Abstract

Abstract 1945

Allogeneic hematopoietic stem cell transplantation (allo-HSCT) from female donor to male recipient (F to M) has been reported to be a risk factor of poor prognosis. Although immune responses to male specific minor histocompatibility antigens (H-Y) are suggested to be involved, this hypothesis has not yet been well validated. To clarify the significance of exposure to H-Y, we retrospectively surveyed the medical records of 292 patients with hematological malignancies who underwent allo-HSCT from a related donor at National Cancer Center Hospital from 2001 to 2010. Data about children's sex and pregnancies of female donors were collected by chart review. The median follow-up of survivors was 69 months (range; 3–128) after HSCT. The median age of donors and recipients were 47 years (range; 12–69 years) and 51 years (range; 18–69 years), respectively. The distribution of sex combination of donors and recipients were as follows: 94 male to male, 57 female to female, 70 female to male and 71 male to female. About a half of female donors had pregnancy history (79 of 127; 62.2%, including abortion history). According to F to M sex-mismatch pattern and children's sex, patients were divided into three groups: 31 female donor with male child to male recipient (F to M with MC), 39 female donor without male child to male recipient (F to M without MC) and 222 non-F to M sex combination (non-F to M). The F to M sex-mismatch pattern did not significantly affect OS regardless of children's sex (5-year OS, F to M with MC; 52%, F to M without MC 40%; non-FtoM; 43%). In multivariate analysis, only disease status before HSCT significantly affected OS (hazard ratio [HR]; 1.64, 95% confidential interval [CI]; 1.17 to 2.28, P<0.01). However, non-relapse mortality (NRM) was significantly higher in F to M with MC than in the other groups (5-year NRM, F to M with MC; 34%, F to M without MC 24%; non-F to M; 20%, P=0.02), which was also confirmed in multivariate analysis (HR 2.00, 95% CI; 1.11 to 3.58, P=0.02). Furthermore, relapse incidence (RI) tended to be lower in F to M with MC than in the other groups (5-year RI, F to M with MC; 23%, F to M without MC 41%; non-F to M; 43%, P=0.12), which was of borderline significance in multivariate analysis (HR 0.48, 95% CI; 0.21 to 1.09, P=0.08). Because the cumulative incidences of acute and chronic GVHD in F to M with MC were higher than those of F to M without MC (26% v.s. 13%; P=0.12, 52% v.s. 37%; P=0.26, respectively), immune response to H-Y were suggested to be involved in the transplant outcome. In summary, F to M with MC had some special features, high NRM and low RI. These effects were counteracted by each other, resulting in similar OS to the other groups. These data suggest the possibility that poor outcome of allo-HSCT from F to M results from the immune response to H-Y and that the exposure of H-Y before donation is critical for the response. Further investigation in a large number of patients is warranted.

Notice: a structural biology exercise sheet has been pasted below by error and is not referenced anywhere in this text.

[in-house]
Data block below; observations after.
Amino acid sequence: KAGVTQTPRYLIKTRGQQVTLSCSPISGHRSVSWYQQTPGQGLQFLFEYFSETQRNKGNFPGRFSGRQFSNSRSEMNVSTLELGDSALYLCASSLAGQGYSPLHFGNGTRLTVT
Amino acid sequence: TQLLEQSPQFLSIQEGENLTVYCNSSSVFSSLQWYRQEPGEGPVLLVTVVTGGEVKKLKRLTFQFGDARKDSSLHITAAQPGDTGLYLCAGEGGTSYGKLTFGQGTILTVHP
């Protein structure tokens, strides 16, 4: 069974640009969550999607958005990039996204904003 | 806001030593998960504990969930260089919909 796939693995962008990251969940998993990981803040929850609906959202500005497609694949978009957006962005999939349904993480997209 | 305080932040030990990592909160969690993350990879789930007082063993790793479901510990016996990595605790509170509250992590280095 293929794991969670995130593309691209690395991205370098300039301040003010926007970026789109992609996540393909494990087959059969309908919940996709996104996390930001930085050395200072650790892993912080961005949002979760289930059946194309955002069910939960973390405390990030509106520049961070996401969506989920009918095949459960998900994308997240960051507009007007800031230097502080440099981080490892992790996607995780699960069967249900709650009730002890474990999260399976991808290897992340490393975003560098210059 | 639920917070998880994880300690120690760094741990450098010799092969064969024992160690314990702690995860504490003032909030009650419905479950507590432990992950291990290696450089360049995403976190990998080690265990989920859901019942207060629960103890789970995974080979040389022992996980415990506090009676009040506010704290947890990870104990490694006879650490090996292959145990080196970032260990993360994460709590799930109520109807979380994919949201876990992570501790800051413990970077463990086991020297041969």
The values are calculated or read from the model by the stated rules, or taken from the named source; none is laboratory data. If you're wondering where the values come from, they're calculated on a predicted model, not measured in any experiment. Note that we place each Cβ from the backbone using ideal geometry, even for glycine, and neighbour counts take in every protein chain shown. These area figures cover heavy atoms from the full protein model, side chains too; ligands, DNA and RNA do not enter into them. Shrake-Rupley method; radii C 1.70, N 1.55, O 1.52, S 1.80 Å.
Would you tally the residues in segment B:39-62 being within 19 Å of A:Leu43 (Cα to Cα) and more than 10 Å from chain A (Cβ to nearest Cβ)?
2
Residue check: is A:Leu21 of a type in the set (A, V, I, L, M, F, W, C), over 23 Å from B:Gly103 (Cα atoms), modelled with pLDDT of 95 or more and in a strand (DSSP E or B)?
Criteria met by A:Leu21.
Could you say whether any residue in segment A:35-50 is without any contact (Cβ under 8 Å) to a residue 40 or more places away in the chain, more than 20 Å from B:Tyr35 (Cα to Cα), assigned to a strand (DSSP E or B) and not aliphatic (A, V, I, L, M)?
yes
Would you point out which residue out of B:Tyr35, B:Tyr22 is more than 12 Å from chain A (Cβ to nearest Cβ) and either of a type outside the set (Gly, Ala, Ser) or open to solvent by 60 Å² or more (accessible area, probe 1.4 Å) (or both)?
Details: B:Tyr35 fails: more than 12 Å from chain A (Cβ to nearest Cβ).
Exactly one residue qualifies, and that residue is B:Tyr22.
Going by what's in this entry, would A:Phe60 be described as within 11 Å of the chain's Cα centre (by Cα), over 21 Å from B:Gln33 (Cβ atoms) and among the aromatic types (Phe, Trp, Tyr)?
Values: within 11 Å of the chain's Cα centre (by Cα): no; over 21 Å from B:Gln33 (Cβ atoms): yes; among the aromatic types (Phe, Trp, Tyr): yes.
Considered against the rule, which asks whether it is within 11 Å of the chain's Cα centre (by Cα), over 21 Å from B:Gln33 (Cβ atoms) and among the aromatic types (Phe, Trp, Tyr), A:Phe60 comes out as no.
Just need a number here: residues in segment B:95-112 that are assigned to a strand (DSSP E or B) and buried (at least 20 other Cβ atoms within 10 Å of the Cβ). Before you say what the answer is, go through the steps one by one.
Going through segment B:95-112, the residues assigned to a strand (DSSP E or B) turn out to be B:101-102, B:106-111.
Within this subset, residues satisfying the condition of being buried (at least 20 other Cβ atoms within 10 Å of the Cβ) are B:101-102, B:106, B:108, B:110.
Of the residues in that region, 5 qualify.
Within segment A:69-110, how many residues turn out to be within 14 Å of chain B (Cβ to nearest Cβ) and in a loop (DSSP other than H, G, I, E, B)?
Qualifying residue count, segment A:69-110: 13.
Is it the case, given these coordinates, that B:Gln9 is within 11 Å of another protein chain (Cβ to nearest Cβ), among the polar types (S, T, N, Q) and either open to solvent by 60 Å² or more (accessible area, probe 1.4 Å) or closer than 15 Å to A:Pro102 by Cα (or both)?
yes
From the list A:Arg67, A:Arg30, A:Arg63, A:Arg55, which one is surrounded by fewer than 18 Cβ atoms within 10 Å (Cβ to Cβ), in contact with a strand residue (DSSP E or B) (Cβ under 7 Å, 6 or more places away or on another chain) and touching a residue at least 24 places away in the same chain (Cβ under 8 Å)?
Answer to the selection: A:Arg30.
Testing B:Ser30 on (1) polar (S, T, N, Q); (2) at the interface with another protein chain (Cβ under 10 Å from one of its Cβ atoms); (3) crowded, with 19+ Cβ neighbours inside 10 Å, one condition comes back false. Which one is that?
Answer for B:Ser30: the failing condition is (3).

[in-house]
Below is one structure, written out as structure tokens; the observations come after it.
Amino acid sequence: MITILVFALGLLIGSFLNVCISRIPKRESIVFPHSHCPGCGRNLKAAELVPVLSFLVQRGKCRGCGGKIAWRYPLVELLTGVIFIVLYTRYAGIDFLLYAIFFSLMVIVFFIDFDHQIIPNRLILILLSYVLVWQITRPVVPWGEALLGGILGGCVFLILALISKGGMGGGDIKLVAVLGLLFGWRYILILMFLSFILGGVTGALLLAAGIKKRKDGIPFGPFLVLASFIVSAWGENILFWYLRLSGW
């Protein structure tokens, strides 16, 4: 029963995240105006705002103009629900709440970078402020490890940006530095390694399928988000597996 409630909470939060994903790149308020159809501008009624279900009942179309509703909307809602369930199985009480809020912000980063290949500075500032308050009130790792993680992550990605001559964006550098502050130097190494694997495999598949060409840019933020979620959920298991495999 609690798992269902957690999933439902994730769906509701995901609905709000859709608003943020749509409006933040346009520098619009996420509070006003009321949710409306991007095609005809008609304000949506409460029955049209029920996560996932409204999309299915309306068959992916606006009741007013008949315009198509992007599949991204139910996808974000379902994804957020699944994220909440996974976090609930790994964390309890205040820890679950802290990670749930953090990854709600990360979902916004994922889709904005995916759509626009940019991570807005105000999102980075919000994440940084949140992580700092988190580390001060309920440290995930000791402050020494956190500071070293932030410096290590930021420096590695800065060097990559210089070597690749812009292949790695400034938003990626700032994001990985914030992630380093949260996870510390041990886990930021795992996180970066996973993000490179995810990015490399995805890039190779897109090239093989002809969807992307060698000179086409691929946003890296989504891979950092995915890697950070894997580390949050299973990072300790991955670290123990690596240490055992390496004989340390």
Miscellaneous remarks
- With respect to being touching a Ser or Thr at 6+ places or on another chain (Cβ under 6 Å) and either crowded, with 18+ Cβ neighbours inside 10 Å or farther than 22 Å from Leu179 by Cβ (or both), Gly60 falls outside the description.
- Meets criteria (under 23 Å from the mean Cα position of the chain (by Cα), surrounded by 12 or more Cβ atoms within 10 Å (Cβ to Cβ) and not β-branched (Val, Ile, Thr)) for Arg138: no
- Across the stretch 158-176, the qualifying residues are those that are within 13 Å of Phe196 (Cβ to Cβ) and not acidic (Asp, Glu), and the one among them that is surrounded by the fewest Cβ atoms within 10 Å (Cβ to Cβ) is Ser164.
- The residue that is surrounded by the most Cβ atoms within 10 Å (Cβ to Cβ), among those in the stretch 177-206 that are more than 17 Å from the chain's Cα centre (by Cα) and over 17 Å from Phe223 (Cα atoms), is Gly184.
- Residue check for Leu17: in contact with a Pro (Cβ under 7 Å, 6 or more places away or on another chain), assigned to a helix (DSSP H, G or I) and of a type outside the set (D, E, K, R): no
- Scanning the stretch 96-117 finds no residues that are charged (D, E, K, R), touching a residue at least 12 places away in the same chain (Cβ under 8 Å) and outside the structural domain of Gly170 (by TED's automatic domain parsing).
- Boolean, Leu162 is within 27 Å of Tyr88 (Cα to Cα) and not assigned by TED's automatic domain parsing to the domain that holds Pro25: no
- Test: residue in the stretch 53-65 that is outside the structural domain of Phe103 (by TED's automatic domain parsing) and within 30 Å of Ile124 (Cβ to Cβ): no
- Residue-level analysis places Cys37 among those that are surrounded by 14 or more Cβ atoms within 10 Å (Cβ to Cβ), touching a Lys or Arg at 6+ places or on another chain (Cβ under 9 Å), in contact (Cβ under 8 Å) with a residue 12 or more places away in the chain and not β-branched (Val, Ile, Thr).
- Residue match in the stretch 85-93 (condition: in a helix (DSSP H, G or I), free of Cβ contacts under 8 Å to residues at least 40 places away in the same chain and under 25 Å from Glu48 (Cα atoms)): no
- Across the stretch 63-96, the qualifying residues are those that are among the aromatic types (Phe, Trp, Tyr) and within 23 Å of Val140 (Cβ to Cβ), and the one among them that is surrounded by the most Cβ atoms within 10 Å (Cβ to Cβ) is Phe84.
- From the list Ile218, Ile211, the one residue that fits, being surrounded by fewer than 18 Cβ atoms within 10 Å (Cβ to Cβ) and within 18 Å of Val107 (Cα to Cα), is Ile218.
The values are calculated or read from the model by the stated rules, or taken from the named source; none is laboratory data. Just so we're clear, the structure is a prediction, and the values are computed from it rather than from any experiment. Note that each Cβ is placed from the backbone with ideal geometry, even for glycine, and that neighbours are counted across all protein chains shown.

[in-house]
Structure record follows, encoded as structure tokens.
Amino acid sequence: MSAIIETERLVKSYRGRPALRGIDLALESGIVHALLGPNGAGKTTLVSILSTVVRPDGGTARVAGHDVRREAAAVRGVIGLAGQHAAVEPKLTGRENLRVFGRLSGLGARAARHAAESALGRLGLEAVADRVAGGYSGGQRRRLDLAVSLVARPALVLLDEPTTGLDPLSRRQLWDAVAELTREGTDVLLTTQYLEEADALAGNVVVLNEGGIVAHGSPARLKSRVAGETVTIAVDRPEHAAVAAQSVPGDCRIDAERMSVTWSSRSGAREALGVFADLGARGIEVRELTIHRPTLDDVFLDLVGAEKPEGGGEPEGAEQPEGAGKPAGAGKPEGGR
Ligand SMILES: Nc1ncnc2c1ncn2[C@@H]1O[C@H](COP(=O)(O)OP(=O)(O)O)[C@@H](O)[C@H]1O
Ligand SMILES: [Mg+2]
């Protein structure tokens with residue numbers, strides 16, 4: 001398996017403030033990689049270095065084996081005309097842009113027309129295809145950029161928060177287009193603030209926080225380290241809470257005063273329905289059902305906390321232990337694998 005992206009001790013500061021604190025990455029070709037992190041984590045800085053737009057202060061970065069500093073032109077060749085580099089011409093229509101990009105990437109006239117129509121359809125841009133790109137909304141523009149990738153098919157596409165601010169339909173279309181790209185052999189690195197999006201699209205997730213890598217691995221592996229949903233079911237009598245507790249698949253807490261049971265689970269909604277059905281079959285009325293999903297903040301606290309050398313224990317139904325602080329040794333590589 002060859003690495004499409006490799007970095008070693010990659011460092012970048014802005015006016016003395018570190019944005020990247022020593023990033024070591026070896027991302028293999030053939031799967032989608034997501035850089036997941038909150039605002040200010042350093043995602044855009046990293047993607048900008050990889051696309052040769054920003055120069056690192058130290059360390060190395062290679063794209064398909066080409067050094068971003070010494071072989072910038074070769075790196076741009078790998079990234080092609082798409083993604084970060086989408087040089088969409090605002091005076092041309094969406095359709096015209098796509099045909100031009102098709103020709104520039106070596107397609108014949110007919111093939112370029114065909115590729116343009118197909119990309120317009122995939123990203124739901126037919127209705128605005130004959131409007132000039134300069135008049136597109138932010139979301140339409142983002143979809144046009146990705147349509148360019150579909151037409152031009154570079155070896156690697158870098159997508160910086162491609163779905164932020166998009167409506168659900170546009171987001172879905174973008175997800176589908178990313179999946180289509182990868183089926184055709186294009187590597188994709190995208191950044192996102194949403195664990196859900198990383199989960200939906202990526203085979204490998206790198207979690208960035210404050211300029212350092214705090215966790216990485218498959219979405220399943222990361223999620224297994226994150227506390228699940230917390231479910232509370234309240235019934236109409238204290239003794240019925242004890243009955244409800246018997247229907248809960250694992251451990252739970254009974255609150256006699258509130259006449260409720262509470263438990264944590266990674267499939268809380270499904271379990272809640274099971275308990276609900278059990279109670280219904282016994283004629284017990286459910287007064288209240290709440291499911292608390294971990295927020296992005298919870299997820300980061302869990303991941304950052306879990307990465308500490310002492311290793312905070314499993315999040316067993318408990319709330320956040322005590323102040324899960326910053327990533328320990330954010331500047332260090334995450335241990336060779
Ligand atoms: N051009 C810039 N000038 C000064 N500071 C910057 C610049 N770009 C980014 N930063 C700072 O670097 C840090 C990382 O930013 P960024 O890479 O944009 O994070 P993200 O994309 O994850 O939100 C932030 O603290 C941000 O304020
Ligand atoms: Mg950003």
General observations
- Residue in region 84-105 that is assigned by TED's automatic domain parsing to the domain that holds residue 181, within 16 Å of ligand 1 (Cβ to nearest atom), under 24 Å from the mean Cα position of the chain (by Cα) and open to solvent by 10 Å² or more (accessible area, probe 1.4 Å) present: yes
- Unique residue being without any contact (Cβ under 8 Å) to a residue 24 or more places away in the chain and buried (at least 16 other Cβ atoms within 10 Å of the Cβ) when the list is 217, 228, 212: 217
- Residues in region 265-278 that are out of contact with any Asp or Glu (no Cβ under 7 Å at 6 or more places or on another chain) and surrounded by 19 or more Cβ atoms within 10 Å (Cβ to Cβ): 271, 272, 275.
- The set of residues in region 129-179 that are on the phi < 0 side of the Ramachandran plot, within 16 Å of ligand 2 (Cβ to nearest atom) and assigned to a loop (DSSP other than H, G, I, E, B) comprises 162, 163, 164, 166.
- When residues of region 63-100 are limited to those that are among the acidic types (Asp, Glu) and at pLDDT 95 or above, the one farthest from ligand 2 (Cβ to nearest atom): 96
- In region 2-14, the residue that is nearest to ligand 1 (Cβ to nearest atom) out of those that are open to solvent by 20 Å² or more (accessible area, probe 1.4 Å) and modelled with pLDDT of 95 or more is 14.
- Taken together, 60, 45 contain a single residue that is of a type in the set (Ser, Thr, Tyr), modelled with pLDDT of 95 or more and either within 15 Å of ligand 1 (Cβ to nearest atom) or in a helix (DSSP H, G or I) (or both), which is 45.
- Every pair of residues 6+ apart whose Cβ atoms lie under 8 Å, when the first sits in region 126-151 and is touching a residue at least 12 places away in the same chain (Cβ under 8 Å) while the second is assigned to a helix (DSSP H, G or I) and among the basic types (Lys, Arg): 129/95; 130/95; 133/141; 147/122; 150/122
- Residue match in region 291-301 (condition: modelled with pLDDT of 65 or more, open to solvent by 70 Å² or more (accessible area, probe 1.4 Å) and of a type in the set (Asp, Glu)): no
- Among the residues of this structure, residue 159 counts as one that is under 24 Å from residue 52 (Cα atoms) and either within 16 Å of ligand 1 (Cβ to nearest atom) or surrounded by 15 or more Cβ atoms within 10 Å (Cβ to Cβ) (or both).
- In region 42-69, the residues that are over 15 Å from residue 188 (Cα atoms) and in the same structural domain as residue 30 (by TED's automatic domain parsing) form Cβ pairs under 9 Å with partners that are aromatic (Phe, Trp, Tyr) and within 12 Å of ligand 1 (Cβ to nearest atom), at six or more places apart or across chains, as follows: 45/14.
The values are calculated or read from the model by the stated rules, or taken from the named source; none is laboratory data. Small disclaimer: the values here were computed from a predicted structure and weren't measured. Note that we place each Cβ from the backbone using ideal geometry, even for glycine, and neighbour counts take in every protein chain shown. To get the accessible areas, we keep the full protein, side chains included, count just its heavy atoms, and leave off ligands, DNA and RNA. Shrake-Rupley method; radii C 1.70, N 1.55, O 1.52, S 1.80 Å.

Disclosures:

No relevant conflicts of interest to declare.

Author notes

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Asterisk with author names denotes non-ASH members.